From a well-known Catholic periodical: 

... It took three centuries to make Rome Christian and the Sisters have been laboring among the Yumas but eight short years. When, after Benediction, I heard the Indian boys singing harmoniously the Laudate Dominum, I said to myself that God would in His mercy and good time hear this invitation, and that he would call to His light even at the eleventh hour, the once ferocious and mighty tribe of the Yuma Indians.25

Strictly speaking, the period under consideration in this study ends in 1890, but it would be well to summarize the events which took place at Fort Yuma between 1890 and the withdrawal of the Sisters in 1900. Because Miguel was definitely proving himself a bad chief he was deposed in May, 1893. Most of the Yumas, recognizing his defects, had signified to the Indian inspector their willingness to choose a new chief.26 Immediately his faction blamed the Sisters for his deposition and removed their children from the school. More shameful still, to show his contempt for the training in virtue the Sisters had been giving their daughters, Miguel took a number of these young girls across 15 the river to Yuma and sold them to the highest bidder.27 The following excerpt from one of Mother Ambrosia's letters relative to the incident demonstrates to what lengths those who were bigoted against the Church were ready to go:

Miguel has been very applauded by the people belonging to the Church of the New Era in Los Angeles. They told them that they would send him a token of respect for the late action lie took against the Sisters' school at Fort Yuma.28

Miguel was determined to be reinstated in his office as chief, but was convinced such could not be effected as long as the Sisters were at the Fort. If El Capitan, the Indian boys' favorite name for Mother Ambrosia, could be done away with the other Sisters would leave and Miguel would once more be chief. The murder was planned for the night of October 27, 1893, but Mother Ambrosia, because of the suspicious actions of Miguel's followers, stationed two Sisters in each building with the children. An remained awake awaiting the attack which might occur at any moment. Several times during the night the murderers came as far as the convent door but retreated each time. Towards morning a Christian Yuma led Mother Ambrosia and her companions to a hiding place below the hill. Shortly after, the horde stormed the convent only to be overpowered by a guard of faithful Indians who had secretly entered and were awaiting the attackers. Miguel and his followers were brought to trial and served prison sentences at Los Angeles.29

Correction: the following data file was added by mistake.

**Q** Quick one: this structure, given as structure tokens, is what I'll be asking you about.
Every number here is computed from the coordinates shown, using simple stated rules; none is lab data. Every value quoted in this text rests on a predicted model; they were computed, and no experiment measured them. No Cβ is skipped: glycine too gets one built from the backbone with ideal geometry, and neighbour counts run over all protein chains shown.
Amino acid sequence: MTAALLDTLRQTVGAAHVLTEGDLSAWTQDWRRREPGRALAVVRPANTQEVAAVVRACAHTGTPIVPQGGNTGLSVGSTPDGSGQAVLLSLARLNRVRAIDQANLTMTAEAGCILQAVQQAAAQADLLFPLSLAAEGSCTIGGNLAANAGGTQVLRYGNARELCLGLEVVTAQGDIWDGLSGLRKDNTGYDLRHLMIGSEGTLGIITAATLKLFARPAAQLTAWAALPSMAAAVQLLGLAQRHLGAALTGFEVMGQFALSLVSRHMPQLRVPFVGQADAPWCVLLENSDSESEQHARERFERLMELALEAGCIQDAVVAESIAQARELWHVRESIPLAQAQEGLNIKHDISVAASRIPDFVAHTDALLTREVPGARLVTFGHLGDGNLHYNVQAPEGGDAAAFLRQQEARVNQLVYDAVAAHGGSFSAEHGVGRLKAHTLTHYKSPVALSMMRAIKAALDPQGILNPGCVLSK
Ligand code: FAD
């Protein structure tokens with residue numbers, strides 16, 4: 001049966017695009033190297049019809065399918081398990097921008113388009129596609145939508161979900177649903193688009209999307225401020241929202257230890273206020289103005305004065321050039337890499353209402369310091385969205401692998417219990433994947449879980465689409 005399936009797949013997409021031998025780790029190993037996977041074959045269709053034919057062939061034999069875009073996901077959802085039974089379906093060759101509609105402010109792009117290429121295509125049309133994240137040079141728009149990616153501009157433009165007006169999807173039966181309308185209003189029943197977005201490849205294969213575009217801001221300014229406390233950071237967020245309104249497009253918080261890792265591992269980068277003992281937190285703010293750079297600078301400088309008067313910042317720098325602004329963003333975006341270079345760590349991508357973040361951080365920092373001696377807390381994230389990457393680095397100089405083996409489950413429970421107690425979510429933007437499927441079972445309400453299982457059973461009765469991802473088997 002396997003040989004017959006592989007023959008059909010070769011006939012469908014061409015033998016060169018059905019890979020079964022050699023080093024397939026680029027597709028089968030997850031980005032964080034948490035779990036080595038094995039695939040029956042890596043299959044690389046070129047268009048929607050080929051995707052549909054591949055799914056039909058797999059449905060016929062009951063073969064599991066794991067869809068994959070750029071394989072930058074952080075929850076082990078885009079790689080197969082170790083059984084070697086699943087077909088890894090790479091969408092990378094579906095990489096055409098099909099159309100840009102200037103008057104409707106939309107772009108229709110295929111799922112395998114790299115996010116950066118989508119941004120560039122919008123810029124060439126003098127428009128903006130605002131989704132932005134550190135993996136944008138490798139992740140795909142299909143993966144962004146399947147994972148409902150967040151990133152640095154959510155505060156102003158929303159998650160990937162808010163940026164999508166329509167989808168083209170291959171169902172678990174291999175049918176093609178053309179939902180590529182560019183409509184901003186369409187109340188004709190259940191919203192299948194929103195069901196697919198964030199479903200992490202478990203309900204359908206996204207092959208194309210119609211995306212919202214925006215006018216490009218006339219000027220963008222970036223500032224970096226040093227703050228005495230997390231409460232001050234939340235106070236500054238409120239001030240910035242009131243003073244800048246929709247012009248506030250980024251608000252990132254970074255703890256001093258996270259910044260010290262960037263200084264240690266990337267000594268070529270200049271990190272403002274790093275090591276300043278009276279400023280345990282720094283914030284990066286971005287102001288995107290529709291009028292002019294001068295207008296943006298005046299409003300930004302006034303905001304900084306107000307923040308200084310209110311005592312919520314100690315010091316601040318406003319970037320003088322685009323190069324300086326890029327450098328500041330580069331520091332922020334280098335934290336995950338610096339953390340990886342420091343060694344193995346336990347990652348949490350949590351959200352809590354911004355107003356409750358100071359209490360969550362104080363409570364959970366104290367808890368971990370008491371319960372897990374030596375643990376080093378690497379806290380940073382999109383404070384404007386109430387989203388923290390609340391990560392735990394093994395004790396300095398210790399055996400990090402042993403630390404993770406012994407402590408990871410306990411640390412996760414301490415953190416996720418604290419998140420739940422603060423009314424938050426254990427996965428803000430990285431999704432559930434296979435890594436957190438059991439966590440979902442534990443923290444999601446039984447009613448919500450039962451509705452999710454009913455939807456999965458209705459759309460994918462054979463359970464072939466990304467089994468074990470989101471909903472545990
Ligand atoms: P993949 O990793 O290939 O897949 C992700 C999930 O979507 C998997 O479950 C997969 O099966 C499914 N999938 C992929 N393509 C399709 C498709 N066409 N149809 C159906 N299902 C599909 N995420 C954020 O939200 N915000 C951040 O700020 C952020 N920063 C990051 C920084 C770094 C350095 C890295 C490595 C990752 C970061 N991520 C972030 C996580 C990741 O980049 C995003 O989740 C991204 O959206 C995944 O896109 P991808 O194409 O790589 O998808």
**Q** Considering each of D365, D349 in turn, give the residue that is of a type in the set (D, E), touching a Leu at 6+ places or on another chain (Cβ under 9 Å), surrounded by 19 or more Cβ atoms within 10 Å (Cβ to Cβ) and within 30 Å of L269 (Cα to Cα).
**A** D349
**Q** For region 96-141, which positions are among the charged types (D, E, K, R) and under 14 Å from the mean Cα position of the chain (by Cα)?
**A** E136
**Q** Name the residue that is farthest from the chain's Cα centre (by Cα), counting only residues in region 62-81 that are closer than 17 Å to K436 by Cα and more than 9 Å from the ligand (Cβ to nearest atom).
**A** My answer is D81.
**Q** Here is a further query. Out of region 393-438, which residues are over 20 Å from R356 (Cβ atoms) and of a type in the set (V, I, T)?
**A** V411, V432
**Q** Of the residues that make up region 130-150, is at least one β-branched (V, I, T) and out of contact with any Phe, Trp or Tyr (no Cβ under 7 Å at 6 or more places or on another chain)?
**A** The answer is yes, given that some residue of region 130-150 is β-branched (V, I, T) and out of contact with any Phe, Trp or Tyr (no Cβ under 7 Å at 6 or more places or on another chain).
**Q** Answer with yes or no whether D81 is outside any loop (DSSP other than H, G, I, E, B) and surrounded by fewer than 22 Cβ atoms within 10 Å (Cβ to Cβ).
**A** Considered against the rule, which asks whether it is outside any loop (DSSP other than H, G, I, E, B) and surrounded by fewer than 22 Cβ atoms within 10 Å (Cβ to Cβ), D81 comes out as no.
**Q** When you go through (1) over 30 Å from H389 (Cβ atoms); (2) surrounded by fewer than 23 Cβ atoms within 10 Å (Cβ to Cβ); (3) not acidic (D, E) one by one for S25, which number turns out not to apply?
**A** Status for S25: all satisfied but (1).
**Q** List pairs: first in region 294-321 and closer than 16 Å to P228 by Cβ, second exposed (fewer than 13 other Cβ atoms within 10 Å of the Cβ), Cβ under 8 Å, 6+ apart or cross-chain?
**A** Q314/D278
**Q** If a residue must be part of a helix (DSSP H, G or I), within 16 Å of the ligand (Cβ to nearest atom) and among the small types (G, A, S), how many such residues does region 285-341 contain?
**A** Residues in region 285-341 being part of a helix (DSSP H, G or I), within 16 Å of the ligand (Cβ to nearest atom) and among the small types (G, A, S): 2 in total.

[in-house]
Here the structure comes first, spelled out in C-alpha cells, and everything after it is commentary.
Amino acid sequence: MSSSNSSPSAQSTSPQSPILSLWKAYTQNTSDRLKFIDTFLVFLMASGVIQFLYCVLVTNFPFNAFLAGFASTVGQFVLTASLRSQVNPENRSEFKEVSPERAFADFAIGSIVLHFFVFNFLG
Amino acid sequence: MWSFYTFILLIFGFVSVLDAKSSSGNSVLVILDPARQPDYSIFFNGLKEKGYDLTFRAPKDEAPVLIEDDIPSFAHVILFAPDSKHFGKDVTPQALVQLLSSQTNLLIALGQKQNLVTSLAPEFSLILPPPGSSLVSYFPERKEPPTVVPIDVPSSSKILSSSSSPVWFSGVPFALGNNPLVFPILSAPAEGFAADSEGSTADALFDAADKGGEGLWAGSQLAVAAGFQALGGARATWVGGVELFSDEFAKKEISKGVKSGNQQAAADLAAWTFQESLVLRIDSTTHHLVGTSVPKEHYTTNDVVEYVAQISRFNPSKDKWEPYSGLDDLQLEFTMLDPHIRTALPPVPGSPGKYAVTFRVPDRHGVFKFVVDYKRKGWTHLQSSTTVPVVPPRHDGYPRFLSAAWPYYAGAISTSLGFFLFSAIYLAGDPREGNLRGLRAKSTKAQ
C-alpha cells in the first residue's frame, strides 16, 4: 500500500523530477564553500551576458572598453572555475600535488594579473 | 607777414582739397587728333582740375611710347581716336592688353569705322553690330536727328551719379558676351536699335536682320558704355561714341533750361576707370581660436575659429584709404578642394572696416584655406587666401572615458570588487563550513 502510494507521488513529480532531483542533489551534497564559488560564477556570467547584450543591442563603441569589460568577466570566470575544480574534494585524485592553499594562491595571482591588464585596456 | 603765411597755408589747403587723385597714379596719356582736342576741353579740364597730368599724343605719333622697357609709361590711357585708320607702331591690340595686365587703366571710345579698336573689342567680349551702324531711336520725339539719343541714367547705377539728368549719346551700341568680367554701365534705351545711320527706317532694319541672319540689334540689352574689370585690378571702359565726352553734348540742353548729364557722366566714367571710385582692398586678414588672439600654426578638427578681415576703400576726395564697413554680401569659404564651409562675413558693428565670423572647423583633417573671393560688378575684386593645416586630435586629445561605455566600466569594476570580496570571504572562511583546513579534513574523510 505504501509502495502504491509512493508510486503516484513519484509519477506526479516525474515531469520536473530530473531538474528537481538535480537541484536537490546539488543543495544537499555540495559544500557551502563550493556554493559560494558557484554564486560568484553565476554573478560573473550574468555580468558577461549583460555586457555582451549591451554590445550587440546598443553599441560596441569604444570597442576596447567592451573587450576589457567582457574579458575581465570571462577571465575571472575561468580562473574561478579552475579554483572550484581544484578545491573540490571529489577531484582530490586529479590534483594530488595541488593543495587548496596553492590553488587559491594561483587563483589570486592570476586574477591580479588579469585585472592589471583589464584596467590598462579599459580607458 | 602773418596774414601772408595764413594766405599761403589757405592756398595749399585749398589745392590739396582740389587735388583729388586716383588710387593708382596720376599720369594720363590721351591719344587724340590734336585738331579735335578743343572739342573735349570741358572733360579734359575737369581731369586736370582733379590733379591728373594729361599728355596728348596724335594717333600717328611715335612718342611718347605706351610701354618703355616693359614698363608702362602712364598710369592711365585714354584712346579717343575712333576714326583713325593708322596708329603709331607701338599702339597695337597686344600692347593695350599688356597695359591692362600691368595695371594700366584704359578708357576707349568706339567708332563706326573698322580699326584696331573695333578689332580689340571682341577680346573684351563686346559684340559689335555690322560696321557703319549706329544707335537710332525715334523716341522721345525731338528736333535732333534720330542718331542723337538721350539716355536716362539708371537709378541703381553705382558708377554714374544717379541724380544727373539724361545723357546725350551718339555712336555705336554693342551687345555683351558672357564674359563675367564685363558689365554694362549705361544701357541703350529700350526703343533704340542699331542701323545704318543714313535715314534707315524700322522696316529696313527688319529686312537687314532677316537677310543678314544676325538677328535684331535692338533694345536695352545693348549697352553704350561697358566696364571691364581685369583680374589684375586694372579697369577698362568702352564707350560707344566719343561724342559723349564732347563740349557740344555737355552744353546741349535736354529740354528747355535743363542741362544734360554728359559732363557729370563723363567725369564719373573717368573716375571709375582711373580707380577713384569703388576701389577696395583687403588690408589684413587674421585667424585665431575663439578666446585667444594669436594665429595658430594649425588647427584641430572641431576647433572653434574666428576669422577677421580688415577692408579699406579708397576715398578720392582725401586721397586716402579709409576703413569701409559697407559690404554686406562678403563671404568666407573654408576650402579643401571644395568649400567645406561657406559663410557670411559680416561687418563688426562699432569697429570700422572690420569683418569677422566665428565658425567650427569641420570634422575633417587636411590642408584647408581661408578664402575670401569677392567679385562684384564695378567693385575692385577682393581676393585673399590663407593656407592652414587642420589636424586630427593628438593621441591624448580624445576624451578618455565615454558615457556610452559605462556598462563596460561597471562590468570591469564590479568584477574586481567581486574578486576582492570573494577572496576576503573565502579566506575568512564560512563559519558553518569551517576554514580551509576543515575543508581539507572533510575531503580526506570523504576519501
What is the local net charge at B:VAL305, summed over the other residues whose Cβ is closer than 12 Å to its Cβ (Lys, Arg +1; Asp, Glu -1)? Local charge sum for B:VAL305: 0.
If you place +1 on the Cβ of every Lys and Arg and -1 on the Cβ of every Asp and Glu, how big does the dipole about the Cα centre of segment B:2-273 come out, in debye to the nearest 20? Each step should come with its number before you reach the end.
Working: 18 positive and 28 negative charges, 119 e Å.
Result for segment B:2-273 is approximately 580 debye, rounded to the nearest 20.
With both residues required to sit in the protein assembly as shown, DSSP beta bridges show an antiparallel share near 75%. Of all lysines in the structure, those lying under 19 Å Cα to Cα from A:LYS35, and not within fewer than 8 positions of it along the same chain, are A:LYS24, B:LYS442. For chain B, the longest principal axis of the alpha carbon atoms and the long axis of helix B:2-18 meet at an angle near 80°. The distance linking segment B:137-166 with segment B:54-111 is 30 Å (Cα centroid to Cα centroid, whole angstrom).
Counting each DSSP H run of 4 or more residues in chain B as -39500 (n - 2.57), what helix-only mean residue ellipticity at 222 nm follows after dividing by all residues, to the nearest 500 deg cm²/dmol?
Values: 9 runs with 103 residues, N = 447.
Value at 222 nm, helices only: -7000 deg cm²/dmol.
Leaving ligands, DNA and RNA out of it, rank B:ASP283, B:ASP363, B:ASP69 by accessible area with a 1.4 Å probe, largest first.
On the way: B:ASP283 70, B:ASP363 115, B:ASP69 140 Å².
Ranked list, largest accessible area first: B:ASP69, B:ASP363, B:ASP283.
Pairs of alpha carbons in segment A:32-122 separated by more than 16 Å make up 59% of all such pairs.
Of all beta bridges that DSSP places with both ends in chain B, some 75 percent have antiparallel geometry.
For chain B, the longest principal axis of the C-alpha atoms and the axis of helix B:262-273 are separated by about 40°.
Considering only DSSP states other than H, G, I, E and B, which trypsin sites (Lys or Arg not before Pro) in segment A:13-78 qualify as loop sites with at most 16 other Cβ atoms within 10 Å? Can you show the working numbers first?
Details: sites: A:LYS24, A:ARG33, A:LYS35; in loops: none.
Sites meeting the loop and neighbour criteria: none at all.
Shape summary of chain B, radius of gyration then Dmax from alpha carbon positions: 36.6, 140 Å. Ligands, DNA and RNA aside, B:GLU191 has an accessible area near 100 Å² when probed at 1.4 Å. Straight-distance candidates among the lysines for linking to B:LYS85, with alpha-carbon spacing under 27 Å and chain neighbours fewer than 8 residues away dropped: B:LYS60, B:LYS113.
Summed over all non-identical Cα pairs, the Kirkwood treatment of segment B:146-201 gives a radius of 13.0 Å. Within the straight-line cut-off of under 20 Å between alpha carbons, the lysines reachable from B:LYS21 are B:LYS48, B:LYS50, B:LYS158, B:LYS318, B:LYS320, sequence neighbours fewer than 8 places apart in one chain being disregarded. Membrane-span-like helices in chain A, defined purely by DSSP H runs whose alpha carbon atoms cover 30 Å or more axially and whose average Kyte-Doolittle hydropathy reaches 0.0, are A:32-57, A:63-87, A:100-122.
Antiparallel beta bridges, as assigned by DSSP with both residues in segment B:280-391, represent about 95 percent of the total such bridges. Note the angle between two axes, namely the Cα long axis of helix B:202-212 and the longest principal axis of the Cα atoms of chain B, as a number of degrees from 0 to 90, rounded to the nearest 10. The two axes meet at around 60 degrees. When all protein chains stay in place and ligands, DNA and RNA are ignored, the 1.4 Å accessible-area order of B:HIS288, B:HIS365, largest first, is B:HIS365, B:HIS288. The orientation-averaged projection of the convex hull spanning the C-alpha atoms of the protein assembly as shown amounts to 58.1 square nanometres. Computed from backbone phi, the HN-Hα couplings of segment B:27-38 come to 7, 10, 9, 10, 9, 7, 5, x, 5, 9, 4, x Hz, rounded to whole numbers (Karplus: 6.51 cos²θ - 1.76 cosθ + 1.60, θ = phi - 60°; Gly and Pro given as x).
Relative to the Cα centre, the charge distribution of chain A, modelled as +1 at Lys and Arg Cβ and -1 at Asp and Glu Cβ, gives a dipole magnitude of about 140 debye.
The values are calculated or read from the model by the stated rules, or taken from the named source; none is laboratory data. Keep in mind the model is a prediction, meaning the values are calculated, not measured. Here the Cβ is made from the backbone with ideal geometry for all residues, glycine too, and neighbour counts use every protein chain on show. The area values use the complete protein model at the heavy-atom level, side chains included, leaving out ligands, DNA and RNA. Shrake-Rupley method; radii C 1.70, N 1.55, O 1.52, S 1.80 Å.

During his absence, all was quiet and the school made rapid progress. The Yumas proved their loyalty to The Sisters in a very definite way in 1894. For years poverty, hunger, and sickness had hounded them, and was in part responsible for their antagonism towards the white man. Although their reservation was unusually large, it was impossible to make a living on the land which was almost entirely desert. In 1894 a commission was appointed by Hoke Smith, Secretary of the Interior, for the "cession to the United States of such portions of their reservation as they might be willing to cede."30 With what was realized from the sale of the land, levees and irrigating ditches were to be built so as to improve the rest. The Yumas knew this would solve their problem but:

Before the Indians agreed to the cession of any portion of their reservation, and before one would sign the agreement, they asked that the Sisters of St. Joseph be given the buildings and land mentioned in Article VII. We ascertained that the Sisters of that order have had charge of that school for the past eight or nine years; that they have labored faithfully, patiently, and tinder many difficulties to civilize and Christianize the Indians.31

Being satisfied that the request of the Indians was just, it was embodied in Article VIII of the agreement32 and promptly signed by two hundred three adult Indians.33